Time goes so fast as an intern at Nirmata! This summer, we had the opportunity to work with two excellent interns from Berkeley: Aastha Upadhyay and Jacob Yim. Before they left, They wrote a blog post describing the work they achieved here at Nirmata. We have broken it into a blog series, highlighting all their amazing work!
Astha and Jacob, thank you so much for your contribution to Nirmata. Good luck at Berkeley!
Hello readers! In this post, we’ll share our journey as two computer science students at UC Berkeley who had the opportunity to intern at Nirmata this summer.
Over the past three months, we learned about distributed systems and microservice-style architecture under the guidance of our wonderful mentors. The goal of our internship was to work on replacing Zookeeper and Curator for the Nirmata platform. Zookeeper and Curator are used in three key areas by Nirmata: distributed locks, leader election, and distributed workflows. This article will detail our process for first understanding each of these topics through preparing demos, how we went about designing a solution, the pain points we addressed, testing our applications, and the next steps. We will also share our personal experiences while working at a startup for the first time, an experience that we recommend to all aspiring software engineers!
Although we had conceptual knowledge of distributed locks and leader election, the best way to fully grasp these topics and how it is used in the Nirmata platform was to approach the code in a hands-on manner by preparing a demo for each topic. Java is a comfortable programming language for both of us, which was a great starting point for this exercise; however, the real learning started with familiarizing ourselves with Kubernetes, Docker, and how distributed systems work under the hood. This was a truly fascinating process, as we could clearly understand how vital distributed systems are to a lot of different services we use every day!
We wrote two Java applications, modeled after existing code in the Nirmata Bitbucket, and Dockerized their contents in order to deploy the apps in a sample cluster. The first application repeatedly acquired and released Curator-based distributed locks on multiple pods and verified that each pod was acquiring locks at a similar rate. The second was a leader election app that ensured that only one instance at a time is successfully marked as a leader to execute a given task.
At last, we were ready to move on to the next task of replacing the existing Zookeeper and Curator implementations of leader election and distributed locks. I (Jacob) would work on investigating distributed locks using MongoDB and Aastha would look into using Fabric8 for leader election—both with the intention of replacing the underlying Zookeeper/Curator implementations.
Here is a summary of my (Jacob) project, enjoy!
Distributed Locks Using MongoDB
When planning for the replacement of our current Curator-based distributed locks, we decided to run with MongoDB as our backing database. MongoDB, which is capable of handling requests at sub-second frequencies, meets our performance requirements, with the added benefit of already being used by several Nirmata services. A MongoDB-based distributed lock is acquired by creating a document within a database for locks. Other processes attempting to acquire a lock on the same resource will refer to the same document, which indicates that the resource is already locked.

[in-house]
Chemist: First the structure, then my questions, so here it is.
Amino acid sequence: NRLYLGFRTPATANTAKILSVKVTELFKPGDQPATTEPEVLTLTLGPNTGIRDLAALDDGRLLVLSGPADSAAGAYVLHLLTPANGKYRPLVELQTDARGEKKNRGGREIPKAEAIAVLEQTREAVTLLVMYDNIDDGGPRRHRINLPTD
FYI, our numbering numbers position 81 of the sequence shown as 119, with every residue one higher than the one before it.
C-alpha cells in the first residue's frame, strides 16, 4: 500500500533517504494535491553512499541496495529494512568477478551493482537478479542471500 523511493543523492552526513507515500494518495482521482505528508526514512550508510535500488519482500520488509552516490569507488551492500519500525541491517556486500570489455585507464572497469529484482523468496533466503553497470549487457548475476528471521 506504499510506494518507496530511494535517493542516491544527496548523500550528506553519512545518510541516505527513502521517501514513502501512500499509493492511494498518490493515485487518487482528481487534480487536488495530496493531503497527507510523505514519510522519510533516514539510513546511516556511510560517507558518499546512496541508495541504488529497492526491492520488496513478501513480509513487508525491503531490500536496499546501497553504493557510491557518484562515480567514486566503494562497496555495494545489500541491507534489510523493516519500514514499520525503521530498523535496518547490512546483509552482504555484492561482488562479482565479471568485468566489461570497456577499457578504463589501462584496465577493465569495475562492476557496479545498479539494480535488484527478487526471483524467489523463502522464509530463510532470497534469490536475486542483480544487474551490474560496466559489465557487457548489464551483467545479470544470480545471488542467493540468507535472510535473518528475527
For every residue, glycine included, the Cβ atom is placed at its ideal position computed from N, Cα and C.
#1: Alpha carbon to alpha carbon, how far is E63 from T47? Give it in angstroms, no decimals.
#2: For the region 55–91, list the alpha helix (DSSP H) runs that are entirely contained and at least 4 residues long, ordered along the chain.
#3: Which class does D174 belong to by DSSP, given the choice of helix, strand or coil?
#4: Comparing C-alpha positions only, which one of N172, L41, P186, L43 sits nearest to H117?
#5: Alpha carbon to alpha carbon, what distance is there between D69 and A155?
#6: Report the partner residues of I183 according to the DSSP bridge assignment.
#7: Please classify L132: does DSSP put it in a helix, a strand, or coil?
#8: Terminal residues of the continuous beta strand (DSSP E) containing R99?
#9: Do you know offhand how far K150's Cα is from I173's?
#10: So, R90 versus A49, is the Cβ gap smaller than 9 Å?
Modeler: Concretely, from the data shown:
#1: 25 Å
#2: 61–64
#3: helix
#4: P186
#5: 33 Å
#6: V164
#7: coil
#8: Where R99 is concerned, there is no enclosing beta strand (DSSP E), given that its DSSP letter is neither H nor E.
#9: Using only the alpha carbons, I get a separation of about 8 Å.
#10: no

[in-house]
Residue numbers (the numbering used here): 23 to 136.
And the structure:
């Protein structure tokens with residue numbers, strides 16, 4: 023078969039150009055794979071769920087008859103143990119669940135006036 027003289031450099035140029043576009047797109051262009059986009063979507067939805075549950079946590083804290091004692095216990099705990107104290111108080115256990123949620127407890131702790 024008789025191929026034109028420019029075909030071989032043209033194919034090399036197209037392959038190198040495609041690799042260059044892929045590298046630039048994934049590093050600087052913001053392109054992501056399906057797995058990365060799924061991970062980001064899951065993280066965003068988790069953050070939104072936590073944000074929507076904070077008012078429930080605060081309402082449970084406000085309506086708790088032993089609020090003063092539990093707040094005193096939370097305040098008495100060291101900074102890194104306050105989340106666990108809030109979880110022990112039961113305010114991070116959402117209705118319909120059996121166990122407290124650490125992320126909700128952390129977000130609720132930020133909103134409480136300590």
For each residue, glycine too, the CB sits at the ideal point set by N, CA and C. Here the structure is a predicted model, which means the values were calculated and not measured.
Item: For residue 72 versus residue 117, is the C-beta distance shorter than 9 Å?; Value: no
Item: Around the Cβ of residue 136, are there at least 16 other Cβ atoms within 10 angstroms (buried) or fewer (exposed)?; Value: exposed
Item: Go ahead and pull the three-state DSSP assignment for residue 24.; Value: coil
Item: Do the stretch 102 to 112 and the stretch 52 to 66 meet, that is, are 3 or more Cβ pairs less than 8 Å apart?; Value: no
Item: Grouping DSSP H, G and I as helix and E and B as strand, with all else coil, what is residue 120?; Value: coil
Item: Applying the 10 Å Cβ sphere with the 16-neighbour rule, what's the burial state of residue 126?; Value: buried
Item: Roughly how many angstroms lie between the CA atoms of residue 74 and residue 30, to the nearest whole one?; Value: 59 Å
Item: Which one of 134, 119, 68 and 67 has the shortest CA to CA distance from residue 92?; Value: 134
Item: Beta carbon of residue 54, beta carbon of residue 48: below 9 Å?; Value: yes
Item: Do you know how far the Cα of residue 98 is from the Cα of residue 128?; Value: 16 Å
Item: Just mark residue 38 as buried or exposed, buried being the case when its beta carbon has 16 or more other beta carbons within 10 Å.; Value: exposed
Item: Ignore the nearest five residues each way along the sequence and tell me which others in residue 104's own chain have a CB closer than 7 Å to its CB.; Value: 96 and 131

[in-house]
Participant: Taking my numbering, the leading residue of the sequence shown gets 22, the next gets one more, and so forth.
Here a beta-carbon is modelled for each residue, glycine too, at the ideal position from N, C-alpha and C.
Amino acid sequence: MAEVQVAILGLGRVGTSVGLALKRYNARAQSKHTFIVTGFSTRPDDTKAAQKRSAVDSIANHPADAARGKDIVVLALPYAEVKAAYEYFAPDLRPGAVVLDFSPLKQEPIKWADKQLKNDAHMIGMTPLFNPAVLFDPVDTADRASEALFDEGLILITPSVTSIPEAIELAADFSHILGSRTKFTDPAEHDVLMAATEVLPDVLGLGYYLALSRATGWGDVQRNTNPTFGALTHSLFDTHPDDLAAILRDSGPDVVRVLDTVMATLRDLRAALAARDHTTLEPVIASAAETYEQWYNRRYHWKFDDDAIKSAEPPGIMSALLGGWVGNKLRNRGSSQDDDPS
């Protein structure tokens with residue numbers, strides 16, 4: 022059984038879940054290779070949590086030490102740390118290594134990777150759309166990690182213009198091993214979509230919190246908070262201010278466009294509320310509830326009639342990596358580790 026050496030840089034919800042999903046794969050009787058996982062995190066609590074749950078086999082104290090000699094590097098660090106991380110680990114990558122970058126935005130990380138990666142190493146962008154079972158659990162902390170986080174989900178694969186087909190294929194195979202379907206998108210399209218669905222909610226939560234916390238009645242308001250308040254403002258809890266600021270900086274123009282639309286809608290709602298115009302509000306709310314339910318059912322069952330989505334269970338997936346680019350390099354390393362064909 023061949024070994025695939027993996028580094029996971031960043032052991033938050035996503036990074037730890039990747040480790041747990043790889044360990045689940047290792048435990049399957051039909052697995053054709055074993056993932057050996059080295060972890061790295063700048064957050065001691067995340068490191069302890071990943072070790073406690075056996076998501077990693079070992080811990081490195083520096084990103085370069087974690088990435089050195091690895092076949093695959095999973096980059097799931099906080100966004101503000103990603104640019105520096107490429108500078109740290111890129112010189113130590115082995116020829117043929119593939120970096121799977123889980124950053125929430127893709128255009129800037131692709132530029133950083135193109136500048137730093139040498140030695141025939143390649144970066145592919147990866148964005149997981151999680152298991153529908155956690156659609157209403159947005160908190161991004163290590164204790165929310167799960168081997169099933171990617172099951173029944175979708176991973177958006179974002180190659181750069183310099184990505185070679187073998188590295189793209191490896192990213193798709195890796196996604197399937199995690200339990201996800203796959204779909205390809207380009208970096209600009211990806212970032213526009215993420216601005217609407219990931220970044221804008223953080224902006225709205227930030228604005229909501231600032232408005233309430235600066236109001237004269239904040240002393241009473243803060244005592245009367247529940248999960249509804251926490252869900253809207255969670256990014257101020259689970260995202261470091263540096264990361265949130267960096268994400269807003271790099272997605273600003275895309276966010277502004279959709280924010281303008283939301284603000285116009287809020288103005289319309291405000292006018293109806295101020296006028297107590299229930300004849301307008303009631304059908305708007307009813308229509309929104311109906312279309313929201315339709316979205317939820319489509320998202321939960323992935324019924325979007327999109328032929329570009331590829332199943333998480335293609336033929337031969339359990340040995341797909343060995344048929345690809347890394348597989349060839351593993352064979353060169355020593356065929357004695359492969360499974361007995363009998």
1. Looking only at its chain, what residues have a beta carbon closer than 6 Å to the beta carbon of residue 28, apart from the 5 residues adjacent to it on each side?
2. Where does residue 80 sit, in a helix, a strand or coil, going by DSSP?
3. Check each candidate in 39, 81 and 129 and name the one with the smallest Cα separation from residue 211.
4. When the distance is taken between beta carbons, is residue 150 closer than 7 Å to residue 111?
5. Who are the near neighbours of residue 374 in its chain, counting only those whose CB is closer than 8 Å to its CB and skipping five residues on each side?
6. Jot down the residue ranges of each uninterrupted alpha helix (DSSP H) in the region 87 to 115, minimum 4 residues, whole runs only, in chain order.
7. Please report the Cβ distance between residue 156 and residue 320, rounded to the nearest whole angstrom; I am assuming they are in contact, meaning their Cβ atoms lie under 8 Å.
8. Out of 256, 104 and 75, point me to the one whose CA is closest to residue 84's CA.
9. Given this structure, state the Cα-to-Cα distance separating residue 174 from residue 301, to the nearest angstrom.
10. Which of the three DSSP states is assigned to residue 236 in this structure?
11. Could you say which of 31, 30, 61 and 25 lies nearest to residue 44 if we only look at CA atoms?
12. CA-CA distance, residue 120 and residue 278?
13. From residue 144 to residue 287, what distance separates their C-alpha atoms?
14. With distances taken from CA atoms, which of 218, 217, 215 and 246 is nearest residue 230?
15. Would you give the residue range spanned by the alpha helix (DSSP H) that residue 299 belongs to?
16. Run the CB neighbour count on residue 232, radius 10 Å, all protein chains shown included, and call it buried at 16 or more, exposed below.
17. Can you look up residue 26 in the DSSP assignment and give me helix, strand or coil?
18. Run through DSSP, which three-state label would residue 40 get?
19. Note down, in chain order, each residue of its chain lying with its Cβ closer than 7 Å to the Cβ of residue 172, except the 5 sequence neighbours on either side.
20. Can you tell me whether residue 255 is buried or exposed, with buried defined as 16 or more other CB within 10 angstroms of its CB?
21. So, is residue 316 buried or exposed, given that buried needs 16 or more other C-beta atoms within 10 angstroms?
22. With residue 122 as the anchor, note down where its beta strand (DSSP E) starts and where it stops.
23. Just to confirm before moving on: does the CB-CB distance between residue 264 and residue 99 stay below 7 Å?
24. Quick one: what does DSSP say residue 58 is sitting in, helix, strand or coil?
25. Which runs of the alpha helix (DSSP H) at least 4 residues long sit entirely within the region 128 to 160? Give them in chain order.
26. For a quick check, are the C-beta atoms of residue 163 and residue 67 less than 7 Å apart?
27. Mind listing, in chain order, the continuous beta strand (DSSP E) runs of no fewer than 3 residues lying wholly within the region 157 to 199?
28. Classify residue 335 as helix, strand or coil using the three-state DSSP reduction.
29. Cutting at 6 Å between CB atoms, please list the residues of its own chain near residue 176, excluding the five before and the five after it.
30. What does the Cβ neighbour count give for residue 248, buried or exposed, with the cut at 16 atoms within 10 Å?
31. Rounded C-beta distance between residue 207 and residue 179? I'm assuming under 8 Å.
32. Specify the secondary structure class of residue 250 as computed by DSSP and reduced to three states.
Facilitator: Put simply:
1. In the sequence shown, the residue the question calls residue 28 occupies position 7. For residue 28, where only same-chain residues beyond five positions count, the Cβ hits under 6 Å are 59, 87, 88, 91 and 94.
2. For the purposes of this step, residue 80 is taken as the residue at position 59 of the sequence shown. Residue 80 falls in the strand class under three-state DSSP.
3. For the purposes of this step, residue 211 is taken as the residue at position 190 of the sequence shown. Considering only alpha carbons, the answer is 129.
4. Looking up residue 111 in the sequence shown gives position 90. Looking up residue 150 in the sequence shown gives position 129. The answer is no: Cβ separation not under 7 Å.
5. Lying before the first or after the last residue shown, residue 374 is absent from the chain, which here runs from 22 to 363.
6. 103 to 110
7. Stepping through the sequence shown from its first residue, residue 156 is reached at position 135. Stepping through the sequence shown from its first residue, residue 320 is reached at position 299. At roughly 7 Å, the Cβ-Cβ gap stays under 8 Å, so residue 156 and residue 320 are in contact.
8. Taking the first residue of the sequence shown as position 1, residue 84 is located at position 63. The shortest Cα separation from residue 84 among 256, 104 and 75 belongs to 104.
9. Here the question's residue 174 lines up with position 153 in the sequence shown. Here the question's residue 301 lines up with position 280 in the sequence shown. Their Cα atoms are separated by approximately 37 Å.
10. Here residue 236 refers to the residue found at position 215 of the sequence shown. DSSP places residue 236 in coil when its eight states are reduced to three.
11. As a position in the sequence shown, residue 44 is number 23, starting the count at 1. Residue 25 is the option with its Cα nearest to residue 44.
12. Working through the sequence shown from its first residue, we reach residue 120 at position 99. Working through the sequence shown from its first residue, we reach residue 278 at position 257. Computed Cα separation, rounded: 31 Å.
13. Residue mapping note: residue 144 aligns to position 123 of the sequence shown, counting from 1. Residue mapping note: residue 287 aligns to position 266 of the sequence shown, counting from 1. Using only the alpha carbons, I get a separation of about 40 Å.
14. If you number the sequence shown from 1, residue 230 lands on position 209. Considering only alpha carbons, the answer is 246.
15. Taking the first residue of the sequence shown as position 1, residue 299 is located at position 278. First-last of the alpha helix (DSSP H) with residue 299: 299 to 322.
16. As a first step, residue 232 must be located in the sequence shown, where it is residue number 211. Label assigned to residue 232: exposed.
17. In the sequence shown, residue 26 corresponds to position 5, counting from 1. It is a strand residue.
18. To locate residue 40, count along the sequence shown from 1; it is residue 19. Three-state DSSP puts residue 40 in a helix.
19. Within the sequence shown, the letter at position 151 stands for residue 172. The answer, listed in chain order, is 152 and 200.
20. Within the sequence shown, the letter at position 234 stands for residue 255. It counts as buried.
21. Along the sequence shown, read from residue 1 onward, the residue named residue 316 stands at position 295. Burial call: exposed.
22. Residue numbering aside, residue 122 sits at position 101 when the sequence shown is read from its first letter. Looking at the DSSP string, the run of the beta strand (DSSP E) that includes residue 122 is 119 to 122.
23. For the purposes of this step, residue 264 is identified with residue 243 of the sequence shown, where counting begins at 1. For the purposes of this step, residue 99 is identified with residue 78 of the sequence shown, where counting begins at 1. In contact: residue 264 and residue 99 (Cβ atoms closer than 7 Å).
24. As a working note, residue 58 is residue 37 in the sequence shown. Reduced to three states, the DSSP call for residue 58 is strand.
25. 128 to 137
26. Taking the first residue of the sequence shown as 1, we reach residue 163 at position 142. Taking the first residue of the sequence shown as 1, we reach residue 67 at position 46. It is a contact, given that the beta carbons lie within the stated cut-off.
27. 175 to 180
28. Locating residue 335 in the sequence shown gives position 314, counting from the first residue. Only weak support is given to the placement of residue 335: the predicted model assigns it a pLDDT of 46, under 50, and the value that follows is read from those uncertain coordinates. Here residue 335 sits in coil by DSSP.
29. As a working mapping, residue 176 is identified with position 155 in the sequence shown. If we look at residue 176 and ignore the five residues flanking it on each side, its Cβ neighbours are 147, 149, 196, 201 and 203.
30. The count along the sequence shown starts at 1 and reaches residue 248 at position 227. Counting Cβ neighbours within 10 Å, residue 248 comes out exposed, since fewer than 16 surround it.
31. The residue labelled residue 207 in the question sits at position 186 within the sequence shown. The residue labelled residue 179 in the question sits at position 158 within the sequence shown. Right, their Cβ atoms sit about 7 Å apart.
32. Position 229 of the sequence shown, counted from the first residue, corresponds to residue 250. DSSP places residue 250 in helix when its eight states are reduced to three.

I began by researching existing open-source Java implementations of MongoDB-based distributed locks. I managed to find several, and assessed them for ease of use and performance, running tests to measure the speed of locking and unlocking operations. I also looked for features like reentrancy, document cleanup, and blocking behavior. Ultimately, I found Coditory’s Sherlock distributed lock library to be the easiest to use and among the fastest, acquiring and releasing locks in milliseconds (about three times faster than with Curator). The Sherlock library also included necessary reentrant locks and document cleanup. However, these distributed locks lacked the same blocking behavior as the Curator locks: when two processes try to acquire the same lock, one process should wait until the other process releases the lock. Instead, Sherlock fails to acquire unavailable locks without waiting. To add this blocking behavior, I wrote a distributed lock implementation, MongoLock, using Sherlock. MongoLocks are created using a MongoLockService. When a MongoLock is acquired, it attempts to acquire a Sherlock on a set retry interval, with a specified timeout duration. This effectively gives MongoLock the same behavior as a Curator lock.
With MongoLock completed, I was ready to begin testing. I started off by writing unit tests at the most basic lock level, then at the transaction level, where transactions are used to perform changes across MongoDB documents. I tested that transactions could occur concurrently, where performing two transactions on the same object would cause one transaction to wait until the other completes. Finally, I tested replacing the Curator locks with my MongoLock in the Nirmata catalog service. This involved initializing a MongoClient and injecting my MongoLockService in place of CuratorLockService, as well as updating the MongoDB API to be compatible with the newer version used in Sherlock. After making these changes, I could verify that the catalog service was running, locks were being acquired and released, and MongoDB lock documents were created and deleted, demonstrating that this MongoDB implementation works as a replacement for Curator.